That night (so they'd all be a little bit more sleepy), I sprayed the hive with two more cans of the spray, and then came back today to check up on my progress. There were maybe four or five of the little bastards still actively flying around the hive, and so I readied my weapons. That's right guys, I did what any patriot would do. This is America, dammit, there are thousands of men and women willing to die for this country, so hell if I'm gonna let a few buzzing bugs get the best of me. This is how we take care of a fucking hornets' nest in America.

Oh, and because it isn't visible in the video, the tips of the arrows had American flags hanging from them. No joke. Here is what the hive looks like now (flags slightly visible):

So what did that do? Hell if I know! There's a gaping hole in the side of the nest now, and that's good enough for me. I'm gonna end up buying more spray and making use of that gaping hole to get them more directly, but other than that, I think they got the message. Don't fuck with America. We know how to handle 'em.

Thank you to everyone for reading, and I'll see you all next time!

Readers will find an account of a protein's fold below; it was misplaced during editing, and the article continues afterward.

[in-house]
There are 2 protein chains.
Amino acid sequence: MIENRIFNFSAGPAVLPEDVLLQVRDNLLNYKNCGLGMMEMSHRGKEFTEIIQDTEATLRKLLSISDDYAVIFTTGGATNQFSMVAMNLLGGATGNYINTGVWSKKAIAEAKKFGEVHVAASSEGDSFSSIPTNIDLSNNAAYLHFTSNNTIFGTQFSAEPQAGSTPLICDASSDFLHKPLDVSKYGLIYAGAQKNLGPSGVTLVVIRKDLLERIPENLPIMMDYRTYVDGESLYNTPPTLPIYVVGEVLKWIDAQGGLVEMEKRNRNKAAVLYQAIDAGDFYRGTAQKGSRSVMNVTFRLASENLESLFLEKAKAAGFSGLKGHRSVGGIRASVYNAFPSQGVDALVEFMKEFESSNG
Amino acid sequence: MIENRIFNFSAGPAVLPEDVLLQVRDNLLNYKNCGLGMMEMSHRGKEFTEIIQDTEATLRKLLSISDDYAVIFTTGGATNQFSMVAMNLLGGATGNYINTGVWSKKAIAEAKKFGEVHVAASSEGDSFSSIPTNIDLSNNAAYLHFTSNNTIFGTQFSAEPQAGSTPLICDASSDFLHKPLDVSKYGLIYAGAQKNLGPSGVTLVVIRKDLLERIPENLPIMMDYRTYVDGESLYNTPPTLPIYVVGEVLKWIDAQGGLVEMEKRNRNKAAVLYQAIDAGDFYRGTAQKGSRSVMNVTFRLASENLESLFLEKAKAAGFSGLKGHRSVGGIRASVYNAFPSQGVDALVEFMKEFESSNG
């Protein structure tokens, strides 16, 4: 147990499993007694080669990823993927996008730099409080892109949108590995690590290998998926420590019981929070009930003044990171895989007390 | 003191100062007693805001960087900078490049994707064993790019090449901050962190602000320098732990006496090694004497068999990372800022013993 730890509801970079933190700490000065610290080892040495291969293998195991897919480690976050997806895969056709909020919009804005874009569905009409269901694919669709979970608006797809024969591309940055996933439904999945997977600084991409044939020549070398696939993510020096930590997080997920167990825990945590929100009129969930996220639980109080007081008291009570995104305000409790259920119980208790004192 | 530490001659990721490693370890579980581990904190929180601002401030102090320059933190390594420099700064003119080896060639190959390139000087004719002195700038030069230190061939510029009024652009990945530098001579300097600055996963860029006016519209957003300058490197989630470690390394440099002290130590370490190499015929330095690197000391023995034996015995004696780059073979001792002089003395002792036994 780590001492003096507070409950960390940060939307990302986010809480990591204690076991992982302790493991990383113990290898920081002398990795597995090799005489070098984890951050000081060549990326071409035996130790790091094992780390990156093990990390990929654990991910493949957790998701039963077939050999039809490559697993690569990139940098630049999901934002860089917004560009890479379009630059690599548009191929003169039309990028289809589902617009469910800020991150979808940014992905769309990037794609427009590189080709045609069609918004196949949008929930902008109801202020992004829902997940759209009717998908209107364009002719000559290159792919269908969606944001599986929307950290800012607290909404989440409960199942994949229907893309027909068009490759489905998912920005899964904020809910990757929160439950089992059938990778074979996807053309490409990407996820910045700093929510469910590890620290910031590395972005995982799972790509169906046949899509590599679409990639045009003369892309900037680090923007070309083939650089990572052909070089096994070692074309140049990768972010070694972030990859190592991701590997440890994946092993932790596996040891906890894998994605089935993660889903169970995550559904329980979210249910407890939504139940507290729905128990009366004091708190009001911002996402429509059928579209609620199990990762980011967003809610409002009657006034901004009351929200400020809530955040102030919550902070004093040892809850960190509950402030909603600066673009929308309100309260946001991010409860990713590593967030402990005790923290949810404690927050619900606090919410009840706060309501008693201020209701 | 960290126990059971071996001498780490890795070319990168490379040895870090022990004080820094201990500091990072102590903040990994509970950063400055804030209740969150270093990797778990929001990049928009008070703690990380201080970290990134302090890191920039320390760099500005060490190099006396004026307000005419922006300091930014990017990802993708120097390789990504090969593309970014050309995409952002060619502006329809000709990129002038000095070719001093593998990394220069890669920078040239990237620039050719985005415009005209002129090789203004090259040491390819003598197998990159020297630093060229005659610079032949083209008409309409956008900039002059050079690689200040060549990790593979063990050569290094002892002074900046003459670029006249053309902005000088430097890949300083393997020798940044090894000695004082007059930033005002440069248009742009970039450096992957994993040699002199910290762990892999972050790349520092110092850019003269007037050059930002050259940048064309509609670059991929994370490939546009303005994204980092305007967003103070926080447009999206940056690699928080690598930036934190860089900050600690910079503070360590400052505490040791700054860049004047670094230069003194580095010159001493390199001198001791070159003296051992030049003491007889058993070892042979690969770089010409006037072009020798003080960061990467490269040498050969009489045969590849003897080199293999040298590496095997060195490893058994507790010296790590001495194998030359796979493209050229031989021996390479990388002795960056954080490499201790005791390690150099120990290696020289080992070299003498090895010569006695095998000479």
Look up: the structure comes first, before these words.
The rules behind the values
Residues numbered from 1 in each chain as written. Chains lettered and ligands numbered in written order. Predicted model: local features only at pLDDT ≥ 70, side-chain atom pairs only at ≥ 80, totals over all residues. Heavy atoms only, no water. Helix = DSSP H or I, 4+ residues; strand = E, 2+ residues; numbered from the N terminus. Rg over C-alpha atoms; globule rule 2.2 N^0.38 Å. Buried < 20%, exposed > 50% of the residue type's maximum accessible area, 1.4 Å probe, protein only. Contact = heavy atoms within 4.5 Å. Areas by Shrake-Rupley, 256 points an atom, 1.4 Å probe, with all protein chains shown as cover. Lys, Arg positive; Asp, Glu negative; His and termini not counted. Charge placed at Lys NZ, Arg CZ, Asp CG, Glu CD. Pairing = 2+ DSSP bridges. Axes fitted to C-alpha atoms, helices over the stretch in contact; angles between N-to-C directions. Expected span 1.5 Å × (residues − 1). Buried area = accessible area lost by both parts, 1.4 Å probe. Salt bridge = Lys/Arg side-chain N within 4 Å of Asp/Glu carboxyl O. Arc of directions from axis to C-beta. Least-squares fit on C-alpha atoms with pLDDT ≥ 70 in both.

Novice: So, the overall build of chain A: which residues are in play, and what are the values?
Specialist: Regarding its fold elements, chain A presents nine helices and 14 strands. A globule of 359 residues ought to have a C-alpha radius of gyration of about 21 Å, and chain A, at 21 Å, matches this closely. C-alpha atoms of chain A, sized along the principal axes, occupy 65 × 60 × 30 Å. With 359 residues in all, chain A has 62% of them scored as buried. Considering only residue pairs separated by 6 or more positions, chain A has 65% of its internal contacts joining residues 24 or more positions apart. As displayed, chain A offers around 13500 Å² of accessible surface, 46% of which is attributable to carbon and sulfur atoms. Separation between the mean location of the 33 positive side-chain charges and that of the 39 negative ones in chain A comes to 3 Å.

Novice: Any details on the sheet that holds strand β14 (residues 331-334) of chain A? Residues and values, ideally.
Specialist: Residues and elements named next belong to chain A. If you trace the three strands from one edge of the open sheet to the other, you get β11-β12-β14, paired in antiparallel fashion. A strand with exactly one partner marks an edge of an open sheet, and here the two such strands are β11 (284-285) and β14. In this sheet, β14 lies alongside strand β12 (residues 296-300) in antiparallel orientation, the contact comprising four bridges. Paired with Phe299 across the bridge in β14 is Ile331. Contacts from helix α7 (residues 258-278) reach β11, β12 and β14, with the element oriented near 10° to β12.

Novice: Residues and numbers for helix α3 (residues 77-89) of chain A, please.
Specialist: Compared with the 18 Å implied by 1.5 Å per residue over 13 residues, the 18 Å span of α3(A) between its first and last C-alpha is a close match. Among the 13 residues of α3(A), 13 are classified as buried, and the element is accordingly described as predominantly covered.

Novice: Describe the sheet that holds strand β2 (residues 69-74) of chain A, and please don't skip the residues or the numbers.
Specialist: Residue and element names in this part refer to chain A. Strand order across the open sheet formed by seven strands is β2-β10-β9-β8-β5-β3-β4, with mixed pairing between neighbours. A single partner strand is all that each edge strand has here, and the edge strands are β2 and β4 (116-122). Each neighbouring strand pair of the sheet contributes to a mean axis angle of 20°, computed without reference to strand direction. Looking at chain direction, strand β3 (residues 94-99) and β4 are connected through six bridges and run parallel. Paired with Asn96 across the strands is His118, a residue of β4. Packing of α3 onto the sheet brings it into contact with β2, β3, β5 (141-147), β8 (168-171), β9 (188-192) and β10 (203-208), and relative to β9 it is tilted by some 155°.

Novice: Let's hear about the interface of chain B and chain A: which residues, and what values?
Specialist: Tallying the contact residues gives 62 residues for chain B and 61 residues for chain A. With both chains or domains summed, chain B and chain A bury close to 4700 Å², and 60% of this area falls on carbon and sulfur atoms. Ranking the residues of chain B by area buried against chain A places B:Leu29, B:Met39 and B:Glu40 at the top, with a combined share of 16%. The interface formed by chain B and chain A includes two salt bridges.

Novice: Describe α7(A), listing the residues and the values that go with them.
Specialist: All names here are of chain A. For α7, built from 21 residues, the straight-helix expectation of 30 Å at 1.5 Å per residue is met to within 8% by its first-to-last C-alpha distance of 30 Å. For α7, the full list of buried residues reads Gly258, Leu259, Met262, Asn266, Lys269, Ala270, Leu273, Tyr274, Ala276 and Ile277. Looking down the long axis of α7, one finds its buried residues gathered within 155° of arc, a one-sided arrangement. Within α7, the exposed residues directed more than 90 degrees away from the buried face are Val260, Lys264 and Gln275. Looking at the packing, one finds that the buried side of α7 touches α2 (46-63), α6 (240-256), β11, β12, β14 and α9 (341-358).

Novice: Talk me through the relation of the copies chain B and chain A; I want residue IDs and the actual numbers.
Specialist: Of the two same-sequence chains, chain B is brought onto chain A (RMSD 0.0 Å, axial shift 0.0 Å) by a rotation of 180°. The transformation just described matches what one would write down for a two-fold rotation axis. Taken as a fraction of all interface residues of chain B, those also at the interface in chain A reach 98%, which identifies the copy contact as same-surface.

1. Nick you're an idiot.

    How many cans of hornet killer did you use? I'd only use one, and if it didn't work, I'd complain to the manufacturer. What brand was it so I can start writing awful things about them on review sites?

    1. I'm a genius, I don't know what you're talking about.

      Counting the one I used after I shot that hole in the hive, I think it's a total of 8. I gave Spectracide the BotD because this is a big ass hive, and it was capable of deflecting arrows. What makes me think a chemical is so capable of penetrating the walls of the Fortress from Hell when an arrow couldn't? Eventually after using 7 cans of it I found a different brand (for $1.50 cheaper, too!); I had mentioned to Lowe's the day prior that their shit wasn't working and so maybe they made an emergency call...? I dunno if that happens.

      But yeah feel free to complain about Spectracide on my behalf. They suck.

  2. Sir, in the name of 'Merica I salute you, lol. Thankfully here in Idaho I've only dealt with yellow jackets, so it's been a much easier cleansing process. My first thought looking at the nest was "That's no moon!" haha. Honestly I just use the hornet/wasp killer by Raid. Smells terrible, but man does it work wonders. Viva la resistance!

    1. I don't mind yellow jackets so much. They stay out of the way and in the ground, and they kill bad bugs. If they're not explicitly attached to my house or some fixture near my house (shed, trees, the side mirror of my dad's car [yes that's happened] etc.) then I'm okay with that.

      At first I was using cans of Spectracide, because that's what worked for my past slaughters. This time, not so much. What ended up actually finishing the job was Total Kill, since Lowe's never picked up any Raid for whatever reason.